That moment inspired him to later write a book about the Newburgh Address. “You cannot get any closer to history or an event in history than to hold that document,” he says. “I can’t talk to Washington. I can’t touch Washington. But there I was holding the document that he had written, that he had held. It was his handwriting. It was as close to that event as anyone will ever get. That was a critical moment for me.”
Fowler has written a number of books throughout his career on the American Revolution and on maritime history. His next book, due out in August, is titled Steam Titans, the story of the epic competition between shipping magnates Samuel Cunard and Edward Collins for mid-19th century control of the Atlantic.
“Writing is very important to me,” he says. “You go to the gym to keep your body in good shape; I go to writing to keep my mind in good shape.” He says producing new work, regardless of your discipline, is critical to being an effective university professor. As he puts it, “it’s necessary for your intellectual well-being but also necessary for your students.”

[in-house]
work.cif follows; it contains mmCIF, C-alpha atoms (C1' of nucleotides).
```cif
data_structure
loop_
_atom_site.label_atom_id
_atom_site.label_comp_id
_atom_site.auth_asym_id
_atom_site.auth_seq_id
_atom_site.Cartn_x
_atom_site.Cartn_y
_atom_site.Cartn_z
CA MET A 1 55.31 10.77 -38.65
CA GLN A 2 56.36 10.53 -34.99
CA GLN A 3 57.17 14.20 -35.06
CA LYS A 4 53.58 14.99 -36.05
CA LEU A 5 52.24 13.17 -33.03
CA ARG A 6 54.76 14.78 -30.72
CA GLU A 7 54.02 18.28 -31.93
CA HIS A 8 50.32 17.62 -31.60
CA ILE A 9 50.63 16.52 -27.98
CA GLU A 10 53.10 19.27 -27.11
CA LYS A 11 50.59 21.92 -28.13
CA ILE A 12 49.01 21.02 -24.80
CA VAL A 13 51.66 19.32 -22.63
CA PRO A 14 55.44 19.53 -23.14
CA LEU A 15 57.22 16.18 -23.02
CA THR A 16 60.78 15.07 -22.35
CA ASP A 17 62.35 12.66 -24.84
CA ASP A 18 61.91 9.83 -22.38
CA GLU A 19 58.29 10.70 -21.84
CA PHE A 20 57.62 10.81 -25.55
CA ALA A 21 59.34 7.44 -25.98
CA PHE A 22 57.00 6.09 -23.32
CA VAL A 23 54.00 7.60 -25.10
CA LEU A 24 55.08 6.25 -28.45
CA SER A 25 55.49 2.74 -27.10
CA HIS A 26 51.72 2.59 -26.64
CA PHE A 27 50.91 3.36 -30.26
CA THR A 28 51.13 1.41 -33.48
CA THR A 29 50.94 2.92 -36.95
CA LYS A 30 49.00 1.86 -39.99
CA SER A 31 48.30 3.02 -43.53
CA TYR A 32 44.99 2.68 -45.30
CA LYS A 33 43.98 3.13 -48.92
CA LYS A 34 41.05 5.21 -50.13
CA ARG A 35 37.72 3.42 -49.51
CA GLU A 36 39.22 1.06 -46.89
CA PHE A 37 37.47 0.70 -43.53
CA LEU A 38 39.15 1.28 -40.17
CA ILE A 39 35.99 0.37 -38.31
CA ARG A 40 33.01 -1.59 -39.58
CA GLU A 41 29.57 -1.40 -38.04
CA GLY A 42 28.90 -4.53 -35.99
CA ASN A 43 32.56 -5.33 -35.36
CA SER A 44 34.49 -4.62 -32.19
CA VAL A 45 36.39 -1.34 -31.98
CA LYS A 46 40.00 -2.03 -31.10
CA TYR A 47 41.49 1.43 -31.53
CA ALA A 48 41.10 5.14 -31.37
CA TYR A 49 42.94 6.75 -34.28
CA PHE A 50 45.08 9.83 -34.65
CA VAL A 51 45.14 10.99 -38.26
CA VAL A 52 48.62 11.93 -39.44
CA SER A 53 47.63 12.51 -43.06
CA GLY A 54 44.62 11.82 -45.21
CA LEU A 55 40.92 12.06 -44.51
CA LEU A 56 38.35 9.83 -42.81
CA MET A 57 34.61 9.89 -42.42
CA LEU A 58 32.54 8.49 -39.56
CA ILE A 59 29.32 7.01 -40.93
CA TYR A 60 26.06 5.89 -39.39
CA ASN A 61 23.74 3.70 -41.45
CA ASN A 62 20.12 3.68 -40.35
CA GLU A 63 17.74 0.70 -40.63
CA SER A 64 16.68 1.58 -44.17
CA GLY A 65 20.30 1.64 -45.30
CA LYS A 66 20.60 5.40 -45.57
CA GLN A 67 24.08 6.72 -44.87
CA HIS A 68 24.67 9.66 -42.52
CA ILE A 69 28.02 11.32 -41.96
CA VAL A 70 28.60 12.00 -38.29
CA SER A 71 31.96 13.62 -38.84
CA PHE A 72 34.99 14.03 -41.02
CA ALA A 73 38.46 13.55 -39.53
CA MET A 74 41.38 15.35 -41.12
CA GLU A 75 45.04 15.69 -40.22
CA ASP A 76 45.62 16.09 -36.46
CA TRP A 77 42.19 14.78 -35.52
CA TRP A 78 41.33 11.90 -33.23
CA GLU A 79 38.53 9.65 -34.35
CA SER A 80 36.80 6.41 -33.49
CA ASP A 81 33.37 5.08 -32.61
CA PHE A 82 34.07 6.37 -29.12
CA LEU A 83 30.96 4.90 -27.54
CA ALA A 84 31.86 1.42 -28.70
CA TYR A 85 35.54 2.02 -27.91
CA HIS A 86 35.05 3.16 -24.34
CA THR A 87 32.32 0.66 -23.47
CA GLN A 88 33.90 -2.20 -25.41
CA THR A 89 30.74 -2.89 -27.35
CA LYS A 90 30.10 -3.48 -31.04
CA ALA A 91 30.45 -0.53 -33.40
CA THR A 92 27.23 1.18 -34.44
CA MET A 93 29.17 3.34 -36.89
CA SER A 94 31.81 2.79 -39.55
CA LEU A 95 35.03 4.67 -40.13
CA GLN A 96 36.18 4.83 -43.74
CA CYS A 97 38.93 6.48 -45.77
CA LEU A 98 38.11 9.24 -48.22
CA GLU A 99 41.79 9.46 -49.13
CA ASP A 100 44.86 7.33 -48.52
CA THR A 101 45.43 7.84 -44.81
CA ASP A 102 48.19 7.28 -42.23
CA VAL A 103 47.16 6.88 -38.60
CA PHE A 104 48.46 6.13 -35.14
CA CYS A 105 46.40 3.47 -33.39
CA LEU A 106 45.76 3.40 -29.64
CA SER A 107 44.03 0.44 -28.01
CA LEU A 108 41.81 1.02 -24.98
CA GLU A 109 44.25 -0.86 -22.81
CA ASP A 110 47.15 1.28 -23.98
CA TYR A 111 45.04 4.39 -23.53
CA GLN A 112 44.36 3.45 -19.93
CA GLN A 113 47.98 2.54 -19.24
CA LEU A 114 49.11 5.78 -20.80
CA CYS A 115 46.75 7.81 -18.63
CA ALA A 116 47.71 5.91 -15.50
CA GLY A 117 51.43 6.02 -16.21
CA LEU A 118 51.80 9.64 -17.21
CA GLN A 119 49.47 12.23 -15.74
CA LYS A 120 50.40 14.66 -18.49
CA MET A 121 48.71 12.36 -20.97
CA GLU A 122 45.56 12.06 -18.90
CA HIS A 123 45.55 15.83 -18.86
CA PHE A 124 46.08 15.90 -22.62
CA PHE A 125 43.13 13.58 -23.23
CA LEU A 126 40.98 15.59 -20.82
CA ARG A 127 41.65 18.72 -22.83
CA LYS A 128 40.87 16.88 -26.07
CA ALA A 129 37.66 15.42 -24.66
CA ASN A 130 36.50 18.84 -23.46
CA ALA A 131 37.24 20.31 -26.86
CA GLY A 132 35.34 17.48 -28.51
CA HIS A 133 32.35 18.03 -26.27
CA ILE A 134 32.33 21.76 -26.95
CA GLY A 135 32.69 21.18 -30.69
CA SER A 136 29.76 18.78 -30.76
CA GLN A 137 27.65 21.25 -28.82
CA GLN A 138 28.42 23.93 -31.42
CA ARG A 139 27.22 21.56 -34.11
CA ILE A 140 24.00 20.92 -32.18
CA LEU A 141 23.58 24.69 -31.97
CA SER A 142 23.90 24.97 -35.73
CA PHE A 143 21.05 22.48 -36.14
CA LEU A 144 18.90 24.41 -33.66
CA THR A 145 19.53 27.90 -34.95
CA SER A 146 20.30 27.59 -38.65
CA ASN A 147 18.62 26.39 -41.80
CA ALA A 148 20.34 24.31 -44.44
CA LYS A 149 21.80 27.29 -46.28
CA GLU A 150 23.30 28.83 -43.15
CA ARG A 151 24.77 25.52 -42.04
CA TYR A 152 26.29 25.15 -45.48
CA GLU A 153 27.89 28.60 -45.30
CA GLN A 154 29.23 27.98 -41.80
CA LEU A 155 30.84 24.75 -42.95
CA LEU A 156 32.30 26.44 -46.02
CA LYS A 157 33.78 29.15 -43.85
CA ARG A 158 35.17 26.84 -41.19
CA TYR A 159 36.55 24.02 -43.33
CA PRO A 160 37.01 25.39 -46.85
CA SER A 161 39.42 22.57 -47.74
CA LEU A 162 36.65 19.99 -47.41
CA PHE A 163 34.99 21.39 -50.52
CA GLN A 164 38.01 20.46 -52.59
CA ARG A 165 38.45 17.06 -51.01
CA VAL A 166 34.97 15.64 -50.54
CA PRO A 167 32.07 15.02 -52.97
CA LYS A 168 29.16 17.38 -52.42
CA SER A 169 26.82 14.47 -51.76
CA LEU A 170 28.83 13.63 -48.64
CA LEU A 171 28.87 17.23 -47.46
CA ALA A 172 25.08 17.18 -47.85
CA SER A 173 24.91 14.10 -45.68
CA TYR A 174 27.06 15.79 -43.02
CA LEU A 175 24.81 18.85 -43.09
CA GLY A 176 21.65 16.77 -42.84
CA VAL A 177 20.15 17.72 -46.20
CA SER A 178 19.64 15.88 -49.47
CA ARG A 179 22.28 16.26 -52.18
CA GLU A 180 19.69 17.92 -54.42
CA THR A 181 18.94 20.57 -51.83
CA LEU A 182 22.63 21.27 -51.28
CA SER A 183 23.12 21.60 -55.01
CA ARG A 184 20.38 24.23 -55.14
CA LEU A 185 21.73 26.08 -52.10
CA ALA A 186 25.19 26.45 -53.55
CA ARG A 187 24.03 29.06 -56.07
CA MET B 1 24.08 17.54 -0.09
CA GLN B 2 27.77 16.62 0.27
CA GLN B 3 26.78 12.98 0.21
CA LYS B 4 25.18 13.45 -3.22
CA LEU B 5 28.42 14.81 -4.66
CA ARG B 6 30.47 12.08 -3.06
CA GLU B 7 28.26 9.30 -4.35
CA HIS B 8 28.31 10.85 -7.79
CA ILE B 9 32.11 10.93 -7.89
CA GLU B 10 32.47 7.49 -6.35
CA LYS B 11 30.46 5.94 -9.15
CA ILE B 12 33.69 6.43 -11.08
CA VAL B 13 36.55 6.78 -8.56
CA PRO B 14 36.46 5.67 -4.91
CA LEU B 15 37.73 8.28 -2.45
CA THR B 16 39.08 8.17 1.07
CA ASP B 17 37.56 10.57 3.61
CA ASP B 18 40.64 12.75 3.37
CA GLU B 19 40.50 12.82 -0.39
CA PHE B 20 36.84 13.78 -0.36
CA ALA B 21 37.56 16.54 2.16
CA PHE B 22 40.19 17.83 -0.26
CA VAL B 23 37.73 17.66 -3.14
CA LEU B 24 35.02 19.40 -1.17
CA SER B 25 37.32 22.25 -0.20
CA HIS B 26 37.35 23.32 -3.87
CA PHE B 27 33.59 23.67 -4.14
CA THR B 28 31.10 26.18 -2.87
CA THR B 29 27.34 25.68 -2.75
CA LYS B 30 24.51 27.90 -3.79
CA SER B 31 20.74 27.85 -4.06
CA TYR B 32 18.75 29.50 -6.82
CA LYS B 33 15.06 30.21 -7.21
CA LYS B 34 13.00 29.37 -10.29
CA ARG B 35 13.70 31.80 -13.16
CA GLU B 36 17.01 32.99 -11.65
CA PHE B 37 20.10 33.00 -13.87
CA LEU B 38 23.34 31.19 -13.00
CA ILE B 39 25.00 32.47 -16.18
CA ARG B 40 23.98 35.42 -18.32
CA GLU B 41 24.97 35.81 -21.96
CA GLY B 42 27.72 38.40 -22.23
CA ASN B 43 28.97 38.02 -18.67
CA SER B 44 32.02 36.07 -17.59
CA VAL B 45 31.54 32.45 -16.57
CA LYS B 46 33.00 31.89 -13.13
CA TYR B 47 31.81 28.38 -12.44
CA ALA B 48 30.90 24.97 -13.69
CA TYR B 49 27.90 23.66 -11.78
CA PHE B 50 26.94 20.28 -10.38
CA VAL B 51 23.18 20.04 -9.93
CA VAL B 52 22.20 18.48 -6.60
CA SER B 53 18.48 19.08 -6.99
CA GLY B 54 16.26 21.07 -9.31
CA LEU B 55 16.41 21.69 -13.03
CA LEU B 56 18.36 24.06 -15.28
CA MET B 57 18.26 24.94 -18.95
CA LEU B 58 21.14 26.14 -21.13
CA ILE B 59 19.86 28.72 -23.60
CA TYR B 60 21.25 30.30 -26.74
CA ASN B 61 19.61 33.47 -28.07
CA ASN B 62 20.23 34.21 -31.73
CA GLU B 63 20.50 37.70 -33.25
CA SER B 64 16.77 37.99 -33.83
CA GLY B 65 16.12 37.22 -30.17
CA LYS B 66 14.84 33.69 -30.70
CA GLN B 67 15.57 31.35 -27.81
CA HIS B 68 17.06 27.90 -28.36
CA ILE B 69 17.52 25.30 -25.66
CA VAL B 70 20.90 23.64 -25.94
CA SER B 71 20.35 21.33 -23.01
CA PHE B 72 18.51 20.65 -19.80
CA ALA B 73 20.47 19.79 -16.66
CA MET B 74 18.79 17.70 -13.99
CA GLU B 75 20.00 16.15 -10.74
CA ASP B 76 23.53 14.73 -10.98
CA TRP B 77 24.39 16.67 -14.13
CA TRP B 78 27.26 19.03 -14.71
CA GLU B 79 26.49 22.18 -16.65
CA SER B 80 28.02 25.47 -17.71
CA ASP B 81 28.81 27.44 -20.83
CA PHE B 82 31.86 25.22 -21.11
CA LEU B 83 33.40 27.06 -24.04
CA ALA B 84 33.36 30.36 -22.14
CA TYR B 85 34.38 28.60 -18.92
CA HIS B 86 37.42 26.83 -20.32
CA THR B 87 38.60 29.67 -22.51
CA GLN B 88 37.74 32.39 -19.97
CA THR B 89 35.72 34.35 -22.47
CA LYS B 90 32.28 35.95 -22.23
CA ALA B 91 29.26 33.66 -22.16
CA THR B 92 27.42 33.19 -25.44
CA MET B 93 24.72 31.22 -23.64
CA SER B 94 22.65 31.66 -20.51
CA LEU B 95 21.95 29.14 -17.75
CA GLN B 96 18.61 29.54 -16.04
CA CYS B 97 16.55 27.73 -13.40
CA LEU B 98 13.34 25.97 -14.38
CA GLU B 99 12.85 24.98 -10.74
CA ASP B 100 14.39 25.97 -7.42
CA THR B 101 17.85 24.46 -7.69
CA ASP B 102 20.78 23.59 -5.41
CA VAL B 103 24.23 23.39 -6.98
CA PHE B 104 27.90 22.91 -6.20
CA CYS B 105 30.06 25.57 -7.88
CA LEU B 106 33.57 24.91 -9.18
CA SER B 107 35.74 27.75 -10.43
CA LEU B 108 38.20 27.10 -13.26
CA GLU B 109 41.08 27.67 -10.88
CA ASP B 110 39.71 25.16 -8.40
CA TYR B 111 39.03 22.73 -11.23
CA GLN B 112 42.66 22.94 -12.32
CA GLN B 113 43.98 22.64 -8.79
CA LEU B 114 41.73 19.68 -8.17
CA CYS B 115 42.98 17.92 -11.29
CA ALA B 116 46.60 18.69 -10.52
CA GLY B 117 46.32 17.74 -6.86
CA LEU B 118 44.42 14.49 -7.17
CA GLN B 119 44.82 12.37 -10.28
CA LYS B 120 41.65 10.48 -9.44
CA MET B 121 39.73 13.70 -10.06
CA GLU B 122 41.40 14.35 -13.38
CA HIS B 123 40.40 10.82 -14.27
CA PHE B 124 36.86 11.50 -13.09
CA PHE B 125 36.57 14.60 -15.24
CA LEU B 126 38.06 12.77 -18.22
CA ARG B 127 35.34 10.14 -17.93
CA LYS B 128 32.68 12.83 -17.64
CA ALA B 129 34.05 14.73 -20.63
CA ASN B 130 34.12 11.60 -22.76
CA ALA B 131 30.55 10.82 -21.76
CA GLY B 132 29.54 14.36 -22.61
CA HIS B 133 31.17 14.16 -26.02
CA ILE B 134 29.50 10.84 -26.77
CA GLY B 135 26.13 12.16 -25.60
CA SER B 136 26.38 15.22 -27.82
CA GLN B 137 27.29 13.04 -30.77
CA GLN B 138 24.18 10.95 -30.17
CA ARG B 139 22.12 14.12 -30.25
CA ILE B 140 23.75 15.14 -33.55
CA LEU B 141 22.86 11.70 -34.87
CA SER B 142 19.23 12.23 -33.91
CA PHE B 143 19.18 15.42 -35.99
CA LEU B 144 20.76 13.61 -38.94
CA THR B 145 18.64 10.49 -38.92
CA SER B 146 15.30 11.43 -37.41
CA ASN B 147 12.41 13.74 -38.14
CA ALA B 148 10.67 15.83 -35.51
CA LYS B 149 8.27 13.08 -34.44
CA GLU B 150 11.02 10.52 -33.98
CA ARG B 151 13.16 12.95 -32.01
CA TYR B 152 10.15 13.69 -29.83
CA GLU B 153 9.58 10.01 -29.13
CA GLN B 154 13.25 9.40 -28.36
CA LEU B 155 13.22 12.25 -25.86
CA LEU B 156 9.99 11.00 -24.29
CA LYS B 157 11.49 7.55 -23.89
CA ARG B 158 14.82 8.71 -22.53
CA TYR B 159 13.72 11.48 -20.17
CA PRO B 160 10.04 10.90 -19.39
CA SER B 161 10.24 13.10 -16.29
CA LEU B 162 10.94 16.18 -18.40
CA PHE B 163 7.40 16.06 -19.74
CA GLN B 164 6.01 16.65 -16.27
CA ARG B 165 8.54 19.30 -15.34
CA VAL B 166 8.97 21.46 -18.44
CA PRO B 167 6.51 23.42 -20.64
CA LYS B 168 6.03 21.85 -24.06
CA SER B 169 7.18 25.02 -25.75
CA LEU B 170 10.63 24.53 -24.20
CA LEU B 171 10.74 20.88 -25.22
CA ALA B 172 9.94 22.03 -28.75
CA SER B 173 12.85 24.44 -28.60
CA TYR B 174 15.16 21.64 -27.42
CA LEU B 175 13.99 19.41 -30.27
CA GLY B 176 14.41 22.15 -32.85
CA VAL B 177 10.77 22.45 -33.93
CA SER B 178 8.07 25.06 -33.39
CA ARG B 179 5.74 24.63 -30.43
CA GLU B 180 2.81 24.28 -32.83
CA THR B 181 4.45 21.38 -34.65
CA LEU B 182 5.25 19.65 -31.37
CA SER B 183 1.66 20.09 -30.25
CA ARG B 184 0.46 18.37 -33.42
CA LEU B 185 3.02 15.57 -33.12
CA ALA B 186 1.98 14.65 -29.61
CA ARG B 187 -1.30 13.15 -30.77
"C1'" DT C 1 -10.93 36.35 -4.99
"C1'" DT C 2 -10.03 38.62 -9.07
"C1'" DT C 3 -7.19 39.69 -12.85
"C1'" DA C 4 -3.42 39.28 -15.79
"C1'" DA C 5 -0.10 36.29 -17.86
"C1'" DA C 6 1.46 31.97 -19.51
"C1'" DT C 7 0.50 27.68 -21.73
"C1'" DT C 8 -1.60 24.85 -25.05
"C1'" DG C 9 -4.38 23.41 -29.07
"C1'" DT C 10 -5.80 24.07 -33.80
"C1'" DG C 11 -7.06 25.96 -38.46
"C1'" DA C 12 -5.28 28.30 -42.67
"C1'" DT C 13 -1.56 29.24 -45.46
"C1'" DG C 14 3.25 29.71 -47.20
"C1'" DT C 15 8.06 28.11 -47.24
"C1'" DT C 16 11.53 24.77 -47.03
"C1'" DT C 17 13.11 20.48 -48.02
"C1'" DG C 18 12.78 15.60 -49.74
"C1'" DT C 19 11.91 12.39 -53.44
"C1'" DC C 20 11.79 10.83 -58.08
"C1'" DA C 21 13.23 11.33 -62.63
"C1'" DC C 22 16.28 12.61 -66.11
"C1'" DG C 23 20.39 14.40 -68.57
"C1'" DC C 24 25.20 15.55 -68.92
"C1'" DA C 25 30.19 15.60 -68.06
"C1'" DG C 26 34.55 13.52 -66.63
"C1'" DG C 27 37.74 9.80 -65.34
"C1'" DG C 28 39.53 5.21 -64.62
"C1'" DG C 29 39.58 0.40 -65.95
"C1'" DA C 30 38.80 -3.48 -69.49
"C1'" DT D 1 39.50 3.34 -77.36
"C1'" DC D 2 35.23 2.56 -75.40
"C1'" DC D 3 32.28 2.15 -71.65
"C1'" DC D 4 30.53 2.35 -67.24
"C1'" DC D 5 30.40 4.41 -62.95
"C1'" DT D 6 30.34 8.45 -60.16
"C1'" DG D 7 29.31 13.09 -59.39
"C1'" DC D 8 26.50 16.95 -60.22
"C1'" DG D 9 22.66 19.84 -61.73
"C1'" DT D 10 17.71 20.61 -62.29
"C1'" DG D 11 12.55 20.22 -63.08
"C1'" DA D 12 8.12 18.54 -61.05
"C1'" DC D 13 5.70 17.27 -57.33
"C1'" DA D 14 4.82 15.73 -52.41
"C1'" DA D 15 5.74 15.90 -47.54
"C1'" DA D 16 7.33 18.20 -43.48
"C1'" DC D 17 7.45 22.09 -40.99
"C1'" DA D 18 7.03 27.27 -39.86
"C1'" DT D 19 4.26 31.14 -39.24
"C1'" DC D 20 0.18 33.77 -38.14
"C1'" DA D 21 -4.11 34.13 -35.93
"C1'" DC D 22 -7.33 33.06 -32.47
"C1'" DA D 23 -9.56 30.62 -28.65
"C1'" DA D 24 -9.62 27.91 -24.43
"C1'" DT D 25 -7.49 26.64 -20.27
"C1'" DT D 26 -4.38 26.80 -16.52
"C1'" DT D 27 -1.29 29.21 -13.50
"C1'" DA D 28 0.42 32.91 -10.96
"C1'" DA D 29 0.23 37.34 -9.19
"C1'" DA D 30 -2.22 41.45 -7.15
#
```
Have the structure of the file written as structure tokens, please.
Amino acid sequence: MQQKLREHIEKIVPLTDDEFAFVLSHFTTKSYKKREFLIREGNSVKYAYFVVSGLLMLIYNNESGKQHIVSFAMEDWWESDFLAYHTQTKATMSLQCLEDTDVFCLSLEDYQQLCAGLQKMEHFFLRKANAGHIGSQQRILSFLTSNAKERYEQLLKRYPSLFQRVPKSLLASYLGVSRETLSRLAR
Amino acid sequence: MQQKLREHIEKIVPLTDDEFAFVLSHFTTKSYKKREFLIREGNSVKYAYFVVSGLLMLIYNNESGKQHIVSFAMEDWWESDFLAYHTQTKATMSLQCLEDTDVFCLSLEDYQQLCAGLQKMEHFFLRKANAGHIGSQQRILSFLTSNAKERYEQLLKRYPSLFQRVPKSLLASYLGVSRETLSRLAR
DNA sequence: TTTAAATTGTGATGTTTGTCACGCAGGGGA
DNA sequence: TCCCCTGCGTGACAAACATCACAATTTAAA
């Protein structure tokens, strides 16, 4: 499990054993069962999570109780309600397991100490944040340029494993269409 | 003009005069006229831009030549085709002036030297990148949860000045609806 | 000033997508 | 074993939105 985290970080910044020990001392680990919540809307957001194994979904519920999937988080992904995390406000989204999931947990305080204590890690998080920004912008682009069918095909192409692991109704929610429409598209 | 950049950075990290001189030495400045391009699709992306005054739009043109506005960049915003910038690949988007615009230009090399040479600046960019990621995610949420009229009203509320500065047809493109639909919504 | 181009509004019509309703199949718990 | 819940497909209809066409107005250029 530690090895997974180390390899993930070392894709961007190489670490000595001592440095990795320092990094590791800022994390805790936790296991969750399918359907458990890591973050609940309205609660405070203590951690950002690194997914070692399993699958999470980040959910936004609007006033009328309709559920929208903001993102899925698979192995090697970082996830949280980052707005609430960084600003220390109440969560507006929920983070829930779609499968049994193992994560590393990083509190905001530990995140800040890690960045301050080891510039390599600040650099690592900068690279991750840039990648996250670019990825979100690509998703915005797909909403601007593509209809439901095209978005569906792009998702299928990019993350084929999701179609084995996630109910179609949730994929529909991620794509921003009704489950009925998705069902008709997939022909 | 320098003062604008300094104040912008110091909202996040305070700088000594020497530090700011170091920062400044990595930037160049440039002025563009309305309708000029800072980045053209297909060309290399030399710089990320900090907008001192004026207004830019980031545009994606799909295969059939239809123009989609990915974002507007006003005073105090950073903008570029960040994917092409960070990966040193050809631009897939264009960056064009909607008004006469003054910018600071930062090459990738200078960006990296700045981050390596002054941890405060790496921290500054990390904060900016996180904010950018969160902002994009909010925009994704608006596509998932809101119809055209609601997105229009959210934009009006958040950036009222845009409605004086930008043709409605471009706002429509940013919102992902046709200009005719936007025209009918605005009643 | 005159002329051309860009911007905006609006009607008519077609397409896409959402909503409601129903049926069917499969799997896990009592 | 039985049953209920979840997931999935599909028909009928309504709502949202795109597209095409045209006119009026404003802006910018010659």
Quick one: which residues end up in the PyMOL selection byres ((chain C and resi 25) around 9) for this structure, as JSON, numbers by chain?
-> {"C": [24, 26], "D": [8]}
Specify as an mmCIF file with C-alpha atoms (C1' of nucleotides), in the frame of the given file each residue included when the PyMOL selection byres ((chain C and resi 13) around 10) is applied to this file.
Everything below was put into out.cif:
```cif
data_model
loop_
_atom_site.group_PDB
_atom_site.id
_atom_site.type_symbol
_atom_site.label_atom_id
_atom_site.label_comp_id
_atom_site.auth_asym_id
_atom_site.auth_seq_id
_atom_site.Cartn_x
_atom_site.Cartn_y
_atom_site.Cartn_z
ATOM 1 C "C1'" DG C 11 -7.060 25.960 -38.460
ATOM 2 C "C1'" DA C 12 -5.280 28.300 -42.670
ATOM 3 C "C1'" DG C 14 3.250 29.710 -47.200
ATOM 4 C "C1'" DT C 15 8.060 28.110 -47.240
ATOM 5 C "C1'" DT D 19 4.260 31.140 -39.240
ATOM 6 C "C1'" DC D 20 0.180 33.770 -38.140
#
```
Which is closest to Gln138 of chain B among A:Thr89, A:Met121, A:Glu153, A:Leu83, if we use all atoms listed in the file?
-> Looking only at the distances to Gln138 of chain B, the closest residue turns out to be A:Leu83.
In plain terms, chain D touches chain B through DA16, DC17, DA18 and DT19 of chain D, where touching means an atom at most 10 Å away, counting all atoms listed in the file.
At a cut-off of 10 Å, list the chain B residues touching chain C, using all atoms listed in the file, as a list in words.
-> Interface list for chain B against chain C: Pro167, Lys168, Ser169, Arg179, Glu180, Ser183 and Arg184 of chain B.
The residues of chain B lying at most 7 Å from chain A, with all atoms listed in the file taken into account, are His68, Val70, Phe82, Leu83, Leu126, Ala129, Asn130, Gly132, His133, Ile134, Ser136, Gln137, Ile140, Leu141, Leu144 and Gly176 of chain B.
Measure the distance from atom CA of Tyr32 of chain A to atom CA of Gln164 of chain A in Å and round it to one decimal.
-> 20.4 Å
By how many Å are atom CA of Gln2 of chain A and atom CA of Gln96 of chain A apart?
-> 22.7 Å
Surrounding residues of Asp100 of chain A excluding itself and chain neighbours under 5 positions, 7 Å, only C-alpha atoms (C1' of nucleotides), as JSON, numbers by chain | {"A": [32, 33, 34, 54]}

The next chapter
Fowler says his close association with Northeastern will continue in retirement. “After all, I have free parking,” he quips. He’s already thinking about the subject for his next book, and his love for travel will certainly take him on many new adventures.
For more than 30 years Fowler has also taught history aboard sailing vessels, in recent years on larger ships giving lectures on transatlantic voyages of six to eight-weeks. He will continue to set sail on those journeys, lecturing about the places they’re traveling and maritime history as a whole.
“The classroom at sea—it invigorates me,” he says. “Every time I lecture, people come up to me and want to tell me their or their parents’ or grandparents’ stories. I’m enriched by that. It’s a wonderful exchange.”